Crazy Zappa influenced LP from one of the inspirational members of the original L.A. punk scene, Geza X.
Text below ripped from allmusic.com.
Best known for his work as a producer on the L.A. punk scene, Geza X also cut one bizarre solo album that remains a cult item for scene aficionados. Born to Hungarian parents, Geza (his real first name) adopted the “X” moniker in tribute to Malcolm X, and got his first recording studio job in the mid-’70s.
He soon moved on to become the soundman at the legendary L.A. punk club the Masque, and spread the word that he was interested in producing. The Germs’ Darby Crash tapped him to produce the band’s landmark debut single “Lexicon Devil,” and from there X went on to helm seminal Cali-punk moments like the Dead Kennedys’ “Holiday in Cambodia” and Black Flag’s “Six Pack.” He also worked with the Weirdos, the Avengers, and new waver Josie Cotton (“Johnny Are You Queer?”), among others, and played as an instrumentalist in both the Bags (a female-fronted group who wore bags over their heads) and the Deadbeats.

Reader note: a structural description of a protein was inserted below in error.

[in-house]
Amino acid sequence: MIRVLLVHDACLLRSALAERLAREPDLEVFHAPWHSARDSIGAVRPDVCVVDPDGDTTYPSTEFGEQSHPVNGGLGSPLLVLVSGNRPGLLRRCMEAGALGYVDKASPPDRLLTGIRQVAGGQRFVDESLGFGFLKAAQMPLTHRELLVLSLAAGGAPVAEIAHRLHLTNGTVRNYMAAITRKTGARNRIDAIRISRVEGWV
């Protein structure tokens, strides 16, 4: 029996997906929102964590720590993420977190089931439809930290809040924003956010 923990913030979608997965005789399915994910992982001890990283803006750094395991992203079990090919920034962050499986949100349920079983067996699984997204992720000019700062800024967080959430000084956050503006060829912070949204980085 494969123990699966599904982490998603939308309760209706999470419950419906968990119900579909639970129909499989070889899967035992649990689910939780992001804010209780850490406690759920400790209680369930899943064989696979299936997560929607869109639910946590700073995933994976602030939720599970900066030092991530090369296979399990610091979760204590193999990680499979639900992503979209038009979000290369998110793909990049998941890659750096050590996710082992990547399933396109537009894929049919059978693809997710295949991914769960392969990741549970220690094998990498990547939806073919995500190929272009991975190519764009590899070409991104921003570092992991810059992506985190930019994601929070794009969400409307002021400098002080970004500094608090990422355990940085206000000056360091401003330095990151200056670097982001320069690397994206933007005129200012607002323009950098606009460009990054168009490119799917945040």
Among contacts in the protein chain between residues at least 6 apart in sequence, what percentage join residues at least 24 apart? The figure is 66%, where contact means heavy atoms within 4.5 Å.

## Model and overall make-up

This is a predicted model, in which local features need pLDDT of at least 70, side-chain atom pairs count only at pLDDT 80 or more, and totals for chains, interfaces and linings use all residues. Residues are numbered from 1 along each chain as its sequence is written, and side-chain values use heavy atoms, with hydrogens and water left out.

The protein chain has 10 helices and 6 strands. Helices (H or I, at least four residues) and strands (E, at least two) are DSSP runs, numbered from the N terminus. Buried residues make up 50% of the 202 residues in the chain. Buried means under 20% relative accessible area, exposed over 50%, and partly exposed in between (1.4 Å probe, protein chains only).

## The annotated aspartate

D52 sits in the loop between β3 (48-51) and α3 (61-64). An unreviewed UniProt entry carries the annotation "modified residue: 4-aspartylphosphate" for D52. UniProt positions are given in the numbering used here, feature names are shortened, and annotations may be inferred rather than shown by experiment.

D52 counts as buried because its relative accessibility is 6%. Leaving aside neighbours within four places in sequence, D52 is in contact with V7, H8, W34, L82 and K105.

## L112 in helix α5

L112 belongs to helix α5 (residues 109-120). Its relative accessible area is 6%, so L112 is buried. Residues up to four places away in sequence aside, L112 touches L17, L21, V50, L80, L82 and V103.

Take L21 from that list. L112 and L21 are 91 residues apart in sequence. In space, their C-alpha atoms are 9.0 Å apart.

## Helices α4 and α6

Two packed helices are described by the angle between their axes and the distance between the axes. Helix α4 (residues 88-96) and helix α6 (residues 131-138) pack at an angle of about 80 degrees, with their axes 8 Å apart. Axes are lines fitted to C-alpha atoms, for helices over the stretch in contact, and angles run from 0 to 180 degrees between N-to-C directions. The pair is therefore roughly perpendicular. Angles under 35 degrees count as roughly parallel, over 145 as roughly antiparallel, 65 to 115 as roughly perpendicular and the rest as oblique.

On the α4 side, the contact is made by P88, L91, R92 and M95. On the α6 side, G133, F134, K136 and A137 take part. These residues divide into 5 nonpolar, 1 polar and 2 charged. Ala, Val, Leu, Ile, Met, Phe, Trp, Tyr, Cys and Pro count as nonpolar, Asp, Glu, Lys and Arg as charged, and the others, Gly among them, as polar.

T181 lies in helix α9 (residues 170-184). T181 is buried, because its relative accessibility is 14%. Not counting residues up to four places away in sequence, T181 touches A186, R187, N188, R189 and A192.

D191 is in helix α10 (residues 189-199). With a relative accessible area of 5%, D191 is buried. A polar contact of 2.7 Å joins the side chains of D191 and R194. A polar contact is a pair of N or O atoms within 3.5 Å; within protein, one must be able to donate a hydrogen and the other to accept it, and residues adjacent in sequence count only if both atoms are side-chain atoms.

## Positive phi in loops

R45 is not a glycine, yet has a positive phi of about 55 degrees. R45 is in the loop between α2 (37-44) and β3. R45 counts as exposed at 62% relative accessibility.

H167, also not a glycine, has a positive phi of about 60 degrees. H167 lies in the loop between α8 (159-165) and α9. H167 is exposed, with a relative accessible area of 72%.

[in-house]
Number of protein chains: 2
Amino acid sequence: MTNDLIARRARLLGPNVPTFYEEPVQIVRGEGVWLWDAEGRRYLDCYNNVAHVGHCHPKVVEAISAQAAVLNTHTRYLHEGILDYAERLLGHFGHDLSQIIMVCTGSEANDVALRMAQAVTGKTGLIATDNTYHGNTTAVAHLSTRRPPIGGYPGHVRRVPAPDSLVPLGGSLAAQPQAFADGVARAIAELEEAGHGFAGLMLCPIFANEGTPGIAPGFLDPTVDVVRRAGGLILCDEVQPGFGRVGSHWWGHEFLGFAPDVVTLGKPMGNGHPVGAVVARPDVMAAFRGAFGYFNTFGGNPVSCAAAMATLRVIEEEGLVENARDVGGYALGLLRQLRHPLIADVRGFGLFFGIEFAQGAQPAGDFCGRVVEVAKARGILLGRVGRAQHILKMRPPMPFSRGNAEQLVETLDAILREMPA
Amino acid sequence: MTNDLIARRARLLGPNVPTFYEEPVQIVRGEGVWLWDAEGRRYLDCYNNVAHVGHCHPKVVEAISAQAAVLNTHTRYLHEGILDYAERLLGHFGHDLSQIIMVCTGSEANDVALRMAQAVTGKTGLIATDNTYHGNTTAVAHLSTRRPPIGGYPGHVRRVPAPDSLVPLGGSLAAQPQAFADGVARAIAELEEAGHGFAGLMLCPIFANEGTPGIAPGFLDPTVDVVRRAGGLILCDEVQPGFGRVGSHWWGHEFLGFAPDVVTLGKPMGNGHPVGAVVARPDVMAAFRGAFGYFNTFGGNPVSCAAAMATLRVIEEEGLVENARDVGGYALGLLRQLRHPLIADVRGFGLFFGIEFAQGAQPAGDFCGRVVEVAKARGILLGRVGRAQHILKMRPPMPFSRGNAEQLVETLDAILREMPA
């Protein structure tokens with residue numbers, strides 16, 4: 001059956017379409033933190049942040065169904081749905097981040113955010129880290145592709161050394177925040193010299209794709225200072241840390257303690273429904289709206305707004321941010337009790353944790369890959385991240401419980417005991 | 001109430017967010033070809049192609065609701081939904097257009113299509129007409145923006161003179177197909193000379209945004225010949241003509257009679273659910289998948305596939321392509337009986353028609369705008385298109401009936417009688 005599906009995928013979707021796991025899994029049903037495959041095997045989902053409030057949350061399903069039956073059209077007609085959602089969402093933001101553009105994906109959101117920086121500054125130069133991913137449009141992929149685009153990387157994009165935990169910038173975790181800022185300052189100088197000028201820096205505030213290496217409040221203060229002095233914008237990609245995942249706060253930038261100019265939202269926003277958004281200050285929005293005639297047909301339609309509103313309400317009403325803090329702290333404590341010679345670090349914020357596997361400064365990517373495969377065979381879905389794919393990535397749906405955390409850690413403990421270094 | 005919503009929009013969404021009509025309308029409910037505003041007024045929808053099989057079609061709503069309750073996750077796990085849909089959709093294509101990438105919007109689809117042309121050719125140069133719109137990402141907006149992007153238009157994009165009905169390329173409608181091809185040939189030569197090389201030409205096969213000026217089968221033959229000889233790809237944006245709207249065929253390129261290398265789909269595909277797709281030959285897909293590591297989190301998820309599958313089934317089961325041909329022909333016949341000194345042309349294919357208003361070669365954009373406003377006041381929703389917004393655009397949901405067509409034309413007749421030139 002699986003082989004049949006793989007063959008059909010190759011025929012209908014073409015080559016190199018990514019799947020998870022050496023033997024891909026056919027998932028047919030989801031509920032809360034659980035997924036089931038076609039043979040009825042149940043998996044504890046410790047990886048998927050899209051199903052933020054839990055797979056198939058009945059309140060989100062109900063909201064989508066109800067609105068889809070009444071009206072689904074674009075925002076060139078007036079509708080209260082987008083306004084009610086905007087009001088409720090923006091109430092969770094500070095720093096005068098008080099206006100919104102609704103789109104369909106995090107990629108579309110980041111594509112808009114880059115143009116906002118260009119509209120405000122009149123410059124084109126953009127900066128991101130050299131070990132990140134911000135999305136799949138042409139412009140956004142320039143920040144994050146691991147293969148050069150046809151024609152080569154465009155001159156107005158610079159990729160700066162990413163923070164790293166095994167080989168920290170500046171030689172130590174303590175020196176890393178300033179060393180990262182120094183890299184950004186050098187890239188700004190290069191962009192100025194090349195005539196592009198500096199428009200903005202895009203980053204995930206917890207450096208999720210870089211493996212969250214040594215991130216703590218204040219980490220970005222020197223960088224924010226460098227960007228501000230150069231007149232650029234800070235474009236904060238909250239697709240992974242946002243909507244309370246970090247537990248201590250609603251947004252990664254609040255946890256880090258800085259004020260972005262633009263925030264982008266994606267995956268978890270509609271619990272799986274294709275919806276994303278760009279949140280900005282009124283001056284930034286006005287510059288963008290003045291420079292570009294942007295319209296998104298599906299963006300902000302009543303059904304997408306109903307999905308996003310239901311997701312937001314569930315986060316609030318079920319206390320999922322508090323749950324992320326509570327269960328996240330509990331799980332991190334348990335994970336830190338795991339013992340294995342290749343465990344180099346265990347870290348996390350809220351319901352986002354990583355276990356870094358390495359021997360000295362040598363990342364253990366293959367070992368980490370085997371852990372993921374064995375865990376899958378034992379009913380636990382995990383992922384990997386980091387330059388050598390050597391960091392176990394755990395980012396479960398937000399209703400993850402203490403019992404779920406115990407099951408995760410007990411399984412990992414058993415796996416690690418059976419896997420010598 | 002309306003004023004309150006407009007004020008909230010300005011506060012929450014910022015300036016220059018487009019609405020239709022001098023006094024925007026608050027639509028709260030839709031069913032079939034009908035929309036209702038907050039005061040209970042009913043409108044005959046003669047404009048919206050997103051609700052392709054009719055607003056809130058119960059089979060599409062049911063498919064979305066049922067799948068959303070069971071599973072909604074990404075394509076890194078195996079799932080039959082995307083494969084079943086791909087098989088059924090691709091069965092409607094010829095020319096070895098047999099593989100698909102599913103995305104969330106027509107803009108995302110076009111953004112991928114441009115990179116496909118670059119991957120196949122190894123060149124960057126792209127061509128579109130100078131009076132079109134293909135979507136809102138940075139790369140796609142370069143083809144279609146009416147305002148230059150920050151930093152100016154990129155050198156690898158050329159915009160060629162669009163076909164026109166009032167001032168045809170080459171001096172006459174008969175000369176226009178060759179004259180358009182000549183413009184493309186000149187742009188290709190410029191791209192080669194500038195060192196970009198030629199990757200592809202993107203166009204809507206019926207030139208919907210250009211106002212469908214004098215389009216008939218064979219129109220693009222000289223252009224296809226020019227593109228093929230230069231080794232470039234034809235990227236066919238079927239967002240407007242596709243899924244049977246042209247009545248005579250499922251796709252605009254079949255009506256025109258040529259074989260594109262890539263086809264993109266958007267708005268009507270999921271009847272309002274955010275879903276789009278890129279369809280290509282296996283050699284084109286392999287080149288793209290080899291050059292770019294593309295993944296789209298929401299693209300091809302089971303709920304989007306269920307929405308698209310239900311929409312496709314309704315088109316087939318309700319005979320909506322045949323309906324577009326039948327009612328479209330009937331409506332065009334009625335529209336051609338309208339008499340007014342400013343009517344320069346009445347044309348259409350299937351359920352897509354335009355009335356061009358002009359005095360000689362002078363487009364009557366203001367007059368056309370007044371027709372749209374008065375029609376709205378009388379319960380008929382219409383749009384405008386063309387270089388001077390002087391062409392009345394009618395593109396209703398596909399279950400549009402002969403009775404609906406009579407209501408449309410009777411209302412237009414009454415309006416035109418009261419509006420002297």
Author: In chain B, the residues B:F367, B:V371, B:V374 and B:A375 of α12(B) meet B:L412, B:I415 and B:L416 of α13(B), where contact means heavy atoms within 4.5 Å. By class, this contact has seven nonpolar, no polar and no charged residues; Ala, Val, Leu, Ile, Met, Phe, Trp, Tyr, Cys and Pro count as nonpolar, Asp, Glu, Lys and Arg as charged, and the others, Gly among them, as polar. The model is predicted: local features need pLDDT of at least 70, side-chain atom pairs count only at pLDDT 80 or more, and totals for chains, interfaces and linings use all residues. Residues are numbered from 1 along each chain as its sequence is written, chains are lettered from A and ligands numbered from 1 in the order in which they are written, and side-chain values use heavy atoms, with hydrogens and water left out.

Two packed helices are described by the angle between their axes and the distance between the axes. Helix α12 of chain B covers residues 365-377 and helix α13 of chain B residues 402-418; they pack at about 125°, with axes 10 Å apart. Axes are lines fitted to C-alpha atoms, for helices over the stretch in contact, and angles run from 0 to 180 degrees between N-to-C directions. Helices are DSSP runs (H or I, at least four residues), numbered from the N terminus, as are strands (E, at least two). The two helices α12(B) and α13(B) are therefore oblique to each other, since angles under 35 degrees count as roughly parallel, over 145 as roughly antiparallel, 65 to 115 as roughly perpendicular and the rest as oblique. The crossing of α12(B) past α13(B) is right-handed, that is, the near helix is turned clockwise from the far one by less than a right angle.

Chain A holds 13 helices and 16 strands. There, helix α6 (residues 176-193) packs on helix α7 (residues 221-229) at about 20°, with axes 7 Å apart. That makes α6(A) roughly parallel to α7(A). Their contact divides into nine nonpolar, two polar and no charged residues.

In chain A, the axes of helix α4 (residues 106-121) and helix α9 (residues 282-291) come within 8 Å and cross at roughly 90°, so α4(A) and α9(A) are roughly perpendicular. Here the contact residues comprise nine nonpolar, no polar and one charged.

X started recording his own songs in the early ’80s, influenced as much by avant-rock weirdos like Zappa, Beefheart, and the Residents as by punk. His “We Need Power” appeared on the second Rodney on the ROQ compilation, while “Isotope Soap” was included on Jello Biafra’s Let Them Eat Jellybeans! sampler.
In 1982, X released his only solo album, You Goddam Kids, on the small Final Gear label. It featured a scenester-heavy backing group called the Mommymen, which included contributions from Josie Cotton, X drummer D.J. Bonebrake, keyboardist Paul Roessler (DC3, the Screamers), drummer Brendan Mullen, 45 Grave drummer Don Bolles, and more. X handled guitar, vocals, and studio treatments, and got a chance to indulge his bizarre sense of humor and his love of dissonant experimentalism.
As the L.A. punk scene wound down, X left town for a while to work through a drug problem. He returned to action first as an equipment reviewer for Spin magazine, then as a house audio engineer for Paramount. He came back to music in the late ’80s, working with mostly local rap and alternative rock artists, and several years later opened his own studio, City Lab, in partnership with Josie Cotton.